☆ This is an open-access article distributed under the terms of the Creative Commons Attribution-NonCommercial-No Derivative Works License, which permits non-commercial use, distribution, and reproduction in any medium, provided the original author and source are credited. ⁎ Corresponding author at: Department of Neurosciences, Sciences NPSRR, University of Padova, Via Giustiniani 5, 35128 Padova, Italy. Fax: +39 049 8751770. E-mail address: [email protected]
2213-3232/$ – see front matter © 2013 The Authors. Published by Elsevier Inc. All rights reserved. http://dx.doi.org/10.1016/j.ebcr.2013.08.004
V. Manﬁoli et al. / Epilepsy & Behavior Case Reports 1 (2013) 146–149
inquiries and unable to explain what was happening. The episodes lasted a few minutes and were followed by a brief period of confusional state associated with anxiety symptoms and reduced verbal ﬂuency with stuttering. After resolution, he did not show neurological, cognitive, or behavioral disturbances. He could then describe that during these confusional states, he had been experiencing the sensation of seeing a foreign body resembling a twisted animal, like a snake with multiple colors, coming out from his throat and preventing him from speaking. Moreover, he explained that during this visual experience, he had been trying to hide the view of this phenomenon from anyone by covering their eyes with his hands. Similar episodes had the characteristics of complex VHs with associated strong emotional feelings of disgust and occurred with a frequency of 5–7 per day. A psychiatric evaluation diagnosed the psychotic disorder as a complication of depression and suggested an increase in the dosage of quetiapine to 150 mg/day. During EEG recording, he experienced the same complex VH as described above. Ictal EEG showed the sudden appearance of continuous rhythmic spikes at a frequency of 5 Hz/s localized on the frontal regions bilaterally and lasting 40 s, followed by spikes and spike–waves in the same regions, lasting 9 min (Fig. 1), and abruptly discontinued with transient postictal slowing of rhythms (Fig. 2). Afterward, a return of normal EEG activity was maintained in the interictal phases (Fig. 3). Cerebrospinal ﬂuid investigations excluded infective encephalitis. Brain magnetic resonance imaging showed the presence of mild cortical atrophy mainly in the frontal regions. Remission of the epileptic seizures and the concomitant recurrent VHs was achieved through acute treatment with sodium valproate (starting dosage of 15 mg/kg and then 1 mg/kg/h i.v. for 12 h). In the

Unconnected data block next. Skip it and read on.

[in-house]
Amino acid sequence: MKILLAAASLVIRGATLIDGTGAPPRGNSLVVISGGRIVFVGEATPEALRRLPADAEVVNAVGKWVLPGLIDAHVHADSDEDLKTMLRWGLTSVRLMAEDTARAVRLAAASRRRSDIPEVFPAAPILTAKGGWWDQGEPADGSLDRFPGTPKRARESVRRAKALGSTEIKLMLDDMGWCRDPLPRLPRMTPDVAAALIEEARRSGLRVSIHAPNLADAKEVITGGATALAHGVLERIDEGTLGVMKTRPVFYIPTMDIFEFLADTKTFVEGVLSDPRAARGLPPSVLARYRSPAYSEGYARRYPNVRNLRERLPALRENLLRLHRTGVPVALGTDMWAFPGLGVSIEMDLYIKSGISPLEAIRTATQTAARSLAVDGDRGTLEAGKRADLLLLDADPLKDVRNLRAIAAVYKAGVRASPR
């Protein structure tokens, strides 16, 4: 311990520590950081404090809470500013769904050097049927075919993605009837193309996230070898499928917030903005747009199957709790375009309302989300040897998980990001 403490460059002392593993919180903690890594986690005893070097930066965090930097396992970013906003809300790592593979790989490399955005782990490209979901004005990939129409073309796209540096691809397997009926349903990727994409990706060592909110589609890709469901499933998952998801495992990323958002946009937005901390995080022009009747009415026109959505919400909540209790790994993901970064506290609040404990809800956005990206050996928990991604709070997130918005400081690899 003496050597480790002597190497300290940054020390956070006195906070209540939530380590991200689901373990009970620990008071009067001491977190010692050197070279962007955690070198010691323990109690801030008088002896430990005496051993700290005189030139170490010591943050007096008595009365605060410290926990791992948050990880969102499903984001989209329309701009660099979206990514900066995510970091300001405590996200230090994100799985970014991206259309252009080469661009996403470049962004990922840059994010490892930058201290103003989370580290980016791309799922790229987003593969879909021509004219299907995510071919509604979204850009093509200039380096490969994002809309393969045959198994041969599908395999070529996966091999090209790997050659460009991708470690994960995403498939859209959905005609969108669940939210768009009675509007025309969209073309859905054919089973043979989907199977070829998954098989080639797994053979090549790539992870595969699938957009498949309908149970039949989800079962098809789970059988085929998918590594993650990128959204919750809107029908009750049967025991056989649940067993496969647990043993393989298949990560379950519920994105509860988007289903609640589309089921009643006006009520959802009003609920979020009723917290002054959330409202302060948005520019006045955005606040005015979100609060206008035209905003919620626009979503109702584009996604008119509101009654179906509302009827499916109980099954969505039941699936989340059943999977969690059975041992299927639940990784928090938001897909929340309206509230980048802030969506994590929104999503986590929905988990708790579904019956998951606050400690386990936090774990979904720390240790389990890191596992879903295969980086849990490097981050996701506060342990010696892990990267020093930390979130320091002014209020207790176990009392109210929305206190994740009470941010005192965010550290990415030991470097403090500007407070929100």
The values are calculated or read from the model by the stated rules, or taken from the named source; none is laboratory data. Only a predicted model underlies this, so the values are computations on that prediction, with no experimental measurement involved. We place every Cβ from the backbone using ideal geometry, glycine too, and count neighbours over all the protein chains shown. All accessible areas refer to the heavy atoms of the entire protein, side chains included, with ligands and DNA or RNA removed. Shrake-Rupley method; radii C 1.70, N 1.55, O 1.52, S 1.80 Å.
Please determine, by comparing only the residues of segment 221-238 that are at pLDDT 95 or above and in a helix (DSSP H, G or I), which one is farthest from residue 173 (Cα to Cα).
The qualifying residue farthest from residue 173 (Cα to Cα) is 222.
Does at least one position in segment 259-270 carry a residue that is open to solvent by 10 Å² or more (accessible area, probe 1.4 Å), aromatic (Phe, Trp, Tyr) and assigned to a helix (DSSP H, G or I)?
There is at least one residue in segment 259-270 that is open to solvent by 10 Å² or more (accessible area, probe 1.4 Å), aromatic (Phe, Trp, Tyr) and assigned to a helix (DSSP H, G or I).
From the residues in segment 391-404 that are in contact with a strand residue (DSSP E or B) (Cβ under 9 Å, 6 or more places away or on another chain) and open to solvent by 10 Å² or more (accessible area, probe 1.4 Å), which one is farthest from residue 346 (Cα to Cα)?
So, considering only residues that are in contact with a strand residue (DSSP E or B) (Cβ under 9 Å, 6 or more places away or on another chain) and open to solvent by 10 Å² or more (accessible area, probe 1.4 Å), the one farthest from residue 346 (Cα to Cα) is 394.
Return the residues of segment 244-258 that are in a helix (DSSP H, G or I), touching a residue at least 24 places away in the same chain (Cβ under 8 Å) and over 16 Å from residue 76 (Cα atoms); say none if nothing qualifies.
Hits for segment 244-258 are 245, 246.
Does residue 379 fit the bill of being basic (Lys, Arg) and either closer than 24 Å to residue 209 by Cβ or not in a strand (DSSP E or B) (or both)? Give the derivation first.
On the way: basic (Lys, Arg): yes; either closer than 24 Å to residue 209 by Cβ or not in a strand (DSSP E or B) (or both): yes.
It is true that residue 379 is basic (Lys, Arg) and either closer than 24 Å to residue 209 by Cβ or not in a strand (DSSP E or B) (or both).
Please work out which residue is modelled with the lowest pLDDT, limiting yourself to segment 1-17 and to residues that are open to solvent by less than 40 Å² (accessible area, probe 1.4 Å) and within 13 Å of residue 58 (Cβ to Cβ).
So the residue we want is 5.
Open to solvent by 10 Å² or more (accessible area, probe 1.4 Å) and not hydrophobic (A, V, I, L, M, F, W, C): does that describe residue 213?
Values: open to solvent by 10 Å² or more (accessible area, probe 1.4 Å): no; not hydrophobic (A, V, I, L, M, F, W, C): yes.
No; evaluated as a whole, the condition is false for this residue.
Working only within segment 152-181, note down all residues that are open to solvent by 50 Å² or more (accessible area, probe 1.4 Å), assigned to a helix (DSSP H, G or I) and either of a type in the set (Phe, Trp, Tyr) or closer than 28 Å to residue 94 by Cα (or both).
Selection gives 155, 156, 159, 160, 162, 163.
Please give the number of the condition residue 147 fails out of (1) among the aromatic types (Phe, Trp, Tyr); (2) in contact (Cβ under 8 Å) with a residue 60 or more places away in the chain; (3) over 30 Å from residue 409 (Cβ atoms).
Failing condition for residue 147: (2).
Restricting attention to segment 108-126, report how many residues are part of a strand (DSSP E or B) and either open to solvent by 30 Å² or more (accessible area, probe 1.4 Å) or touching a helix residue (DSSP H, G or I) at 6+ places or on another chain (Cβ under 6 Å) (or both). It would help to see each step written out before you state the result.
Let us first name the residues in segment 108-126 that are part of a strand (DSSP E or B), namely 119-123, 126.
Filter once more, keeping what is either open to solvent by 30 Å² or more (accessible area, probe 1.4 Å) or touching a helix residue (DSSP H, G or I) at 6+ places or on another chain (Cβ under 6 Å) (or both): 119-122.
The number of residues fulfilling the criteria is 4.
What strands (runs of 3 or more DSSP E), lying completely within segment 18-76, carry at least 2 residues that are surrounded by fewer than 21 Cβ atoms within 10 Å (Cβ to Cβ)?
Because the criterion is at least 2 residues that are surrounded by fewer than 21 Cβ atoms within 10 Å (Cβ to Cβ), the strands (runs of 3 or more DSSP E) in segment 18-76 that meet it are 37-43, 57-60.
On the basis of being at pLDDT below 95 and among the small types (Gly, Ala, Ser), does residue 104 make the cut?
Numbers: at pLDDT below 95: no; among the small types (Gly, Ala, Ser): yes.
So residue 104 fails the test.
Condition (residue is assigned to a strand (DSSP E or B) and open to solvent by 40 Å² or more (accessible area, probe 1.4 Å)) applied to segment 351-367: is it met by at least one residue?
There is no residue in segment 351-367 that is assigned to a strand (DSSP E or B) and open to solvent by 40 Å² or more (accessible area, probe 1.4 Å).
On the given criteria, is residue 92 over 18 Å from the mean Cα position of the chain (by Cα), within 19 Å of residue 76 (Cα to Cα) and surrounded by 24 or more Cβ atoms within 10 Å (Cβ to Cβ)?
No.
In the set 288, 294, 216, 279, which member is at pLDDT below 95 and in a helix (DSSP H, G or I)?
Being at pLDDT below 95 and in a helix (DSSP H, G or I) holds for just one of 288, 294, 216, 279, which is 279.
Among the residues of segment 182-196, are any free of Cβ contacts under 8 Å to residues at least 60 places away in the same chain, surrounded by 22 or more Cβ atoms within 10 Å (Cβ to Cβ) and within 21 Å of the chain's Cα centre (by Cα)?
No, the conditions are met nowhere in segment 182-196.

following week, control EEG monitoring was normal, and epileptic activity was not seen. The patient was discharged from the hospital seizure-free, with sodium valproate (1000 mg/day), lorazepam (2 mg/day), and quetiapine (150 mg/day) treatment. Follow-up clinical and EEG evaluations over the next three years conﬁrmed the lack of recurrence of the epileptic seizures. 3. Discussion and conclusion We described here a patient with a history of bipolar disorder who presented recurrent and stereotyped episodes of ictal psychosis manifesting as complex VHs associated with intense fear and disgust, secondary to frontal epileptic seizures. This description highlights the challenge of diagnosing the epileptic nature of a new psychotic phenomenon in patients with previous psychiatric disorders. Elliott and colleagues  observe that epileptic hallucinatory states are often indistinguishable from those in the primary psychosis, although these almost always have additional epileptic features such as confusion or altered awareness. In fact, in the case presented here, the epileptic etiology of VHs could have been prediceted by the alteration of awareness and lack of response to verbal inquiries during the ictal phase and the postictal confusional state and agitation. Moreover, neurological symptoms, i.e., reduced verbal ﬂuency and stuttering mimicking an epileptic speech arrest, were present. Although the clinical presentation could have suggested an epileptic origin of these disturbances, the diagnosis of epileptic psychosis was made possible by EEG recording of a prolonged frontal seizure during the experience of complex VHs. The EEG investigation is the